Another issue arose when it was discovered that the footing for the new part of the addition was installed six inches farther out than it was supposed to be (Murphy again). This, along with eliminating the masonry walls (thicker than framing), created more space for the addition, which had to be delegated to different rooms inside.
There are support walls that had to stay where they are, and walls that could be adjusted. This was definitely a problem that had to be worked out in consultation with the Councills. A mechanical space became a closet, and laundry room space was improved, among other things. Some compromises and adjustments had to be made, but the basic layout remained the same.
Other minor issues arose, over extending a dormer on the back and changes to the roof that affected tying it in to the existing roof. As Ron points out, you never get bored in the remodeling business.
In general, most problems that arise during a remodeling project happen in the demolition and framing stages. The scope of things that Ron and the Councills had to deal with are not unusual for a project of this size, especially when existing construction is involved. But the job can still go smoothly if the changes are addressed in a timely manner and are documented in writing, so there is no misunderstanding of how they will be handled.
If extra costs are involved, it's important for the homeowner to know what the cost will be before proceeding with the work. Sometimes you may be asked to make a decision about something on the spur of the moment. There are five carpenters standing in your yard waiting for an answer. In a case like this, you can ask for at least an approximation of the cost. It's TC important to know how much changes are going to cost, so you know what you are spending as you go along.
As the Councills found out, once the framing begins, it becomes easier to visualize the finished space -- and sometimes things look different than they did on paper. Almost inevitably, some changes will have to be made -- and some opportunities will present themselves.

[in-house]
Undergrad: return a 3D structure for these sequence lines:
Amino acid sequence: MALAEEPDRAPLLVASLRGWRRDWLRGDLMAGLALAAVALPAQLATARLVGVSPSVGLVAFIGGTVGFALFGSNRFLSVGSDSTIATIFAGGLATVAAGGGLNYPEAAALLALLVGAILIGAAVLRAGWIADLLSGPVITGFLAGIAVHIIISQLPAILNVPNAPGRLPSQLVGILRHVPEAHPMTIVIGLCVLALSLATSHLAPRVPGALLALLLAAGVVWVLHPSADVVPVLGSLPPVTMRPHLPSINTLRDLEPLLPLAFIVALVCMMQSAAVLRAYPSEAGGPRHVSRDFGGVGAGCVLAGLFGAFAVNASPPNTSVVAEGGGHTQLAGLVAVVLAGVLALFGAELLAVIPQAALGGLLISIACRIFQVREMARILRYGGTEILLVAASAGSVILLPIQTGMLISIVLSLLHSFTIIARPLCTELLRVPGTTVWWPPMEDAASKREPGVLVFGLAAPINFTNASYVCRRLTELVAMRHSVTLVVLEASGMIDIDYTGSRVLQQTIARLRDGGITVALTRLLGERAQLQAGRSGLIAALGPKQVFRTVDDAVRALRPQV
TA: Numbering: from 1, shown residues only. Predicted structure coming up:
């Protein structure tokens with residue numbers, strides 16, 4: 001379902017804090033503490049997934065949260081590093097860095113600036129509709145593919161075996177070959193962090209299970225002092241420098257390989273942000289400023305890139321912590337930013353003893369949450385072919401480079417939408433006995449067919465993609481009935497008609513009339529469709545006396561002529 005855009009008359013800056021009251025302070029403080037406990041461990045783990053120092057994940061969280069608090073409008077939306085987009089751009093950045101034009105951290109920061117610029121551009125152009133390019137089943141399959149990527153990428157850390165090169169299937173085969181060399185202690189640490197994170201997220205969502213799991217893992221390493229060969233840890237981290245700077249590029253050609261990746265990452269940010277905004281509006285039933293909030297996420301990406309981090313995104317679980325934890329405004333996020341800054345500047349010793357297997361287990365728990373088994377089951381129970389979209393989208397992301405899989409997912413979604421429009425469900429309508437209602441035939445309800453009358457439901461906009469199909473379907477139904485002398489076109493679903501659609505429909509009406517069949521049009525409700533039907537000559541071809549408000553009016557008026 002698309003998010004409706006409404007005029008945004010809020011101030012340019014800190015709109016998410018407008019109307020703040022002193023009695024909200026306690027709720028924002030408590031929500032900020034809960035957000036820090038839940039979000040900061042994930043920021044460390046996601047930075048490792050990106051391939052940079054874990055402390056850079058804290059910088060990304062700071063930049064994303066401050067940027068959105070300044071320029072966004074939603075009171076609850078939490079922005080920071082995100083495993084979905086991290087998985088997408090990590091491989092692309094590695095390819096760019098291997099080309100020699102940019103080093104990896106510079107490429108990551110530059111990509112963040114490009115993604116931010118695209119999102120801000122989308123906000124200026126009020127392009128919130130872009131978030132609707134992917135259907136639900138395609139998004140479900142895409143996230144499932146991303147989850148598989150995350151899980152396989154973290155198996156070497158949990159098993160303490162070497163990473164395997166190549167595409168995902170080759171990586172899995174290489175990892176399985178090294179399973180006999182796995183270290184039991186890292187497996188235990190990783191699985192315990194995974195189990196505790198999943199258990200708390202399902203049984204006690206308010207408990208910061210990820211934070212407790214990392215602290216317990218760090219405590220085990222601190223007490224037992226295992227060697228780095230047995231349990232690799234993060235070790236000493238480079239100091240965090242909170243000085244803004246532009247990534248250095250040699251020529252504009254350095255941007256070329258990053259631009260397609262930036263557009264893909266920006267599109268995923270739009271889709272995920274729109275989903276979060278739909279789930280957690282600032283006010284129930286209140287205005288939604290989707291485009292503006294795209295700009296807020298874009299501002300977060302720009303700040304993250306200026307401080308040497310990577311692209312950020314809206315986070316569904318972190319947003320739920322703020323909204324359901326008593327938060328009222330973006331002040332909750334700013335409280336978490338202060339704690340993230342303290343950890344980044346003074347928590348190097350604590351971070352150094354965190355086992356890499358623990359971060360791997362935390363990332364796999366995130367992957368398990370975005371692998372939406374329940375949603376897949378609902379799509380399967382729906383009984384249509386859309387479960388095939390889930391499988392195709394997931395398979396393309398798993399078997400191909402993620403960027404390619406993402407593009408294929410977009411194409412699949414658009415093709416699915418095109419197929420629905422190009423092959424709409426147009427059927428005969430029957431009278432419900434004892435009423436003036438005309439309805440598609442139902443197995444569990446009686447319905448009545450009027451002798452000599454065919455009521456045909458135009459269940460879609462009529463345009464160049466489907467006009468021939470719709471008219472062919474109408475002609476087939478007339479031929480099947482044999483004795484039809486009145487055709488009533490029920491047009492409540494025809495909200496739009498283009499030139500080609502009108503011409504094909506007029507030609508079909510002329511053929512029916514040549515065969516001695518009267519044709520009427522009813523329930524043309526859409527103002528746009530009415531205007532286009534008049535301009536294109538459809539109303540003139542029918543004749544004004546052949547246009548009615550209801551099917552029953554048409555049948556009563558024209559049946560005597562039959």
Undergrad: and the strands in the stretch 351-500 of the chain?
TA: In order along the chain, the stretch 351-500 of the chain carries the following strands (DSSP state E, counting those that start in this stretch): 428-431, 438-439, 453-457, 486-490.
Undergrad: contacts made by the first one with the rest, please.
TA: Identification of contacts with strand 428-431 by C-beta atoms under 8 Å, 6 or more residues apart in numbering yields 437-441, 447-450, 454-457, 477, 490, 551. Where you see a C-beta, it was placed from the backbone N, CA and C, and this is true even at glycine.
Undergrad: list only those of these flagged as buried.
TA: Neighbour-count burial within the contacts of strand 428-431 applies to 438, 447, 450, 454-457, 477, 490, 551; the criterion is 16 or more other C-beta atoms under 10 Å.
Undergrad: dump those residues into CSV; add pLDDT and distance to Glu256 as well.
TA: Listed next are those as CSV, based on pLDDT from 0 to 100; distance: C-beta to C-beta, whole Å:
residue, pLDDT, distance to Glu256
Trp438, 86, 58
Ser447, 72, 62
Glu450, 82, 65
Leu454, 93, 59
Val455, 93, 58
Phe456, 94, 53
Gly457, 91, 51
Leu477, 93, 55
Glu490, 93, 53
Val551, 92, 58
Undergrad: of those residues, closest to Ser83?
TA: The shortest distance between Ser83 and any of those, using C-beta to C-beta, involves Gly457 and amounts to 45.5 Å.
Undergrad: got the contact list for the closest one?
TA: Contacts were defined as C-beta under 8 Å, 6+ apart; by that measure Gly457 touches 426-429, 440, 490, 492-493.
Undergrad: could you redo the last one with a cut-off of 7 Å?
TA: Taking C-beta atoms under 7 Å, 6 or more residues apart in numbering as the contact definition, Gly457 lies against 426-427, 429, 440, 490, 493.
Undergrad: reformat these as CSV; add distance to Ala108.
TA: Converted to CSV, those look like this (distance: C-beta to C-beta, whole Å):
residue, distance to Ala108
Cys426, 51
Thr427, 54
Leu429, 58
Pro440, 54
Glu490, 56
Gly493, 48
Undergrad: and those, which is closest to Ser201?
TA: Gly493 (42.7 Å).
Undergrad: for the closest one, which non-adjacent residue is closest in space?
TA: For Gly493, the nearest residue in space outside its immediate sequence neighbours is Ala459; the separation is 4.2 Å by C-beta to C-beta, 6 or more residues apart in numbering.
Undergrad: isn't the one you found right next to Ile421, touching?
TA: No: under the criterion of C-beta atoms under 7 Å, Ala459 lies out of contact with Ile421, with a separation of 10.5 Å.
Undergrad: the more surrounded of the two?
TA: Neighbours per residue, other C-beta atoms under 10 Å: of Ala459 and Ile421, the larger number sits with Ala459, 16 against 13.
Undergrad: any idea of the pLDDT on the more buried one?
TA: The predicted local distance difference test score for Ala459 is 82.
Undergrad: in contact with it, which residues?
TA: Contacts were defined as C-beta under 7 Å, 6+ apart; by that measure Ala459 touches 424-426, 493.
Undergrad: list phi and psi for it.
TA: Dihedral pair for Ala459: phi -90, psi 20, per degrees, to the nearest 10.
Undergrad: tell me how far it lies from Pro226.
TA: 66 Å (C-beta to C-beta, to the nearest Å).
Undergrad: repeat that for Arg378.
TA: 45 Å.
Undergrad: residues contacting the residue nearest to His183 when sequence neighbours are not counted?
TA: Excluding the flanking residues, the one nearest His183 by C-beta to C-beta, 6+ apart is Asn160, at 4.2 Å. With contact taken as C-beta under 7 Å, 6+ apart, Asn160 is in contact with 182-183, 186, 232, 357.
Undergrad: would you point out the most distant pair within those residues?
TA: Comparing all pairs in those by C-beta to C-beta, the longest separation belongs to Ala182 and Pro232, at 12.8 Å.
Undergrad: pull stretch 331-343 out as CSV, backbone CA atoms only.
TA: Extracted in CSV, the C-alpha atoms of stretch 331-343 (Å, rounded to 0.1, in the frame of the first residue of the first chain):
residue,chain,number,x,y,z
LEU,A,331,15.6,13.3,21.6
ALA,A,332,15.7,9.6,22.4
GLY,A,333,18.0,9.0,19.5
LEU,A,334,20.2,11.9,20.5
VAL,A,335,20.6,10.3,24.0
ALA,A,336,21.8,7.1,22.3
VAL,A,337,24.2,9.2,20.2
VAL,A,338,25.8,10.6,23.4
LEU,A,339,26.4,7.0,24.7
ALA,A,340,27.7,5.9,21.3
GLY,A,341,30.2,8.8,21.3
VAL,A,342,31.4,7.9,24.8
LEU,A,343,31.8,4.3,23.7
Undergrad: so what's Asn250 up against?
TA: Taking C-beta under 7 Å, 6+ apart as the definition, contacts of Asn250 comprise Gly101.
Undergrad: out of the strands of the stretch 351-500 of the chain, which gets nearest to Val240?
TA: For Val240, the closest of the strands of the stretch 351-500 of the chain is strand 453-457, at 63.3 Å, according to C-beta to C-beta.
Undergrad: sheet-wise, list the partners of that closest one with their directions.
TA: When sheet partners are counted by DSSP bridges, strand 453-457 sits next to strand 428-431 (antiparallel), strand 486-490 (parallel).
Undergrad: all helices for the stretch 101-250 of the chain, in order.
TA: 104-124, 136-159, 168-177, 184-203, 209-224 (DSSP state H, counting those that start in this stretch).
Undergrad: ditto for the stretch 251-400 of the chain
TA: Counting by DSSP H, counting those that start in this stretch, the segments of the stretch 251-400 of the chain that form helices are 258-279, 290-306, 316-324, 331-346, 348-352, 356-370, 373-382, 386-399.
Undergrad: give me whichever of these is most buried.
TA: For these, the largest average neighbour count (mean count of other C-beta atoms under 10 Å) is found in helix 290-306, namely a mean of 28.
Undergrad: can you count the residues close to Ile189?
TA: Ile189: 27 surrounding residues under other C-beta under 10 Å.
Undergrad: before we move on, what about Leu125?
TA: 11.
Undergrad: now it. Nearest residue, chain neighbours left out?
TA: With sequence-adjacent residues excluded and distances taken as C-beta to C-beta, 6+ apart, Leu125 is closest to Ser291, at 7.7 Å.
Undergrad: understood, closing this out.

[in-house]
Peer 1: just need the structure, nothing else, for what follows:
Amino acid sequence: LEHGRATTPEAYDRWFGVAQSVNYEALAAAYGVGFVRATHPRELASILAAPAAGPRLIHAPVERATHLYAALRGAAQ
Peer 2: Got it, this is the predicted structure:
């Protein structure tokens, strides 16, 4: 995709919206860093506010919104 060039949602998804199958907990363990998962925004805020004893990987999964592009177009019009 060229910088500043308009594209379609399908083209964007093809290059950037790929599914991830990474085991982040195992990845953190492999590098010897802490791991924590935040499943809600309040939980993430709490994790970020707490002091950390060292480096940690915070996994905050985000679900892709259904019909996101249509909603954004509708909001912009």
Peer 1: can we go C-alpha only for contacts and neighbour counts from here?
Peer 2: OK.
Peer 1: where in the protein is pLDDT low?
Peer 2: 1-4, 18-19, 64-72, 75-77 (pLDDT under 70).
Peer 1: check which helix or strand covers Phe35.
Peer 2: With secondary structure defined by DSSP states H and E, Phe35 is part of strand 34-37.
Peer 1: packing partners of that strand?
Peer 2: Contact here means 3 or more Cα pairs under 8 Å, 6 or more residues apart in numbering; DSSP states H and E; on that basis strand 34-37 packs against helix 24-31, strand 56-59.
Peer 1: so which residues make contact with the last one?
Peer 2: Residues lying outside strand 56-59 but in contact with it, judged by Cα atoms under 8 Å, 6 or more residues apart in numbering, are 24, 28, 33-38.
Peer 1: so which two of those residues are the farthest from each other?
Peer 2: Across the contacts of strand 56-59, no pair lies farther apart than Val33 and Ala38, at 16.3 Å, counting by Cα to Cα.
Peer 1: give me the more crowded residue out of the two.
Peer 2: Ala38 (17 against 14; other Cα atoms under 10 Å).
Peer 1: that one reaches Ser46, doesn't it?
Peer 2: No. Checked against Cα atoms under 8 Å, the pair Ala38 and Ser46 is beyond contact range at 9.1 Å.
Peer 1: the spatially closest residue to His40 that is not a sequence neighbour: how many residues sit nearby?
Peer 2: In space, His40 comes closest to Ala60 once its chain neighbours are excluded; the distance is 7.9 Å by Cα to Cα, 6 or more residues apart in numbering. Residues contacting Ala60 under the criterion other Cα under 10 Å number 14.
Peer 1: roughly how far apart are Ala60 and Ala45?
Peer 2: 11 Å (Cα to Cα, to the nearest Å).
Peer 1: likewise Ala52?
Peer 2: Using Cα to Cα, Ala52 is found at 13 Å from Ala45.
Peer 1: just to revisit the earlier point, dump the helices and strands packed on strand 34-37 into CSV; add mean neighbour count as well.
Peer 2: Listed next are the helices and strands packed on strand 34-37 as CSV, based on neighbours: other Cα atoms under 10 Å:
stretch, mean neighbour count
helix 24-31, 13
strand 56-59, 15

This is the time to think about placing furniture, about fixtures and about such things as window treatments. If you do want to change something, it is easier and less costly to do so at this point than it will be when the room is finished.
Throughout the process, the most important thing of all is to keep an open line of communication between contractor and client. Because, when there's money involved, nobody likes surprises.
Ron Nodine is owner of American Renovator Inc., a Baltimore design-build remodeling firm, and current president of the Remodelors Council of the Home Builders Association of Maryland. Karol Menzie is a feature writer for The Sun.
If you have questions, tips or experiences to share about working on houses, e-mail Ron at henovator.net or Karol at karol.menzialtsun.com. Or write c/o HOME WORK, The Sun, N. Calvert St., Baltimore, Md. 21278. Questions of general interest will be answered in the column; comments, tips and experiences will be reported in occasional columns.
Renovation checklist: Dec. 20 update
- Stake out/excavate
- Pour footing
- Demolish roof
- Install drain tile
- Foundation walls
- Pour slabs
Gutters and downspouts
Rough HVAC *
Install bath hardware
Install hardwood floors
4 * Heating, ventilation, air-conditioning systems
Pub Date: 12/27/98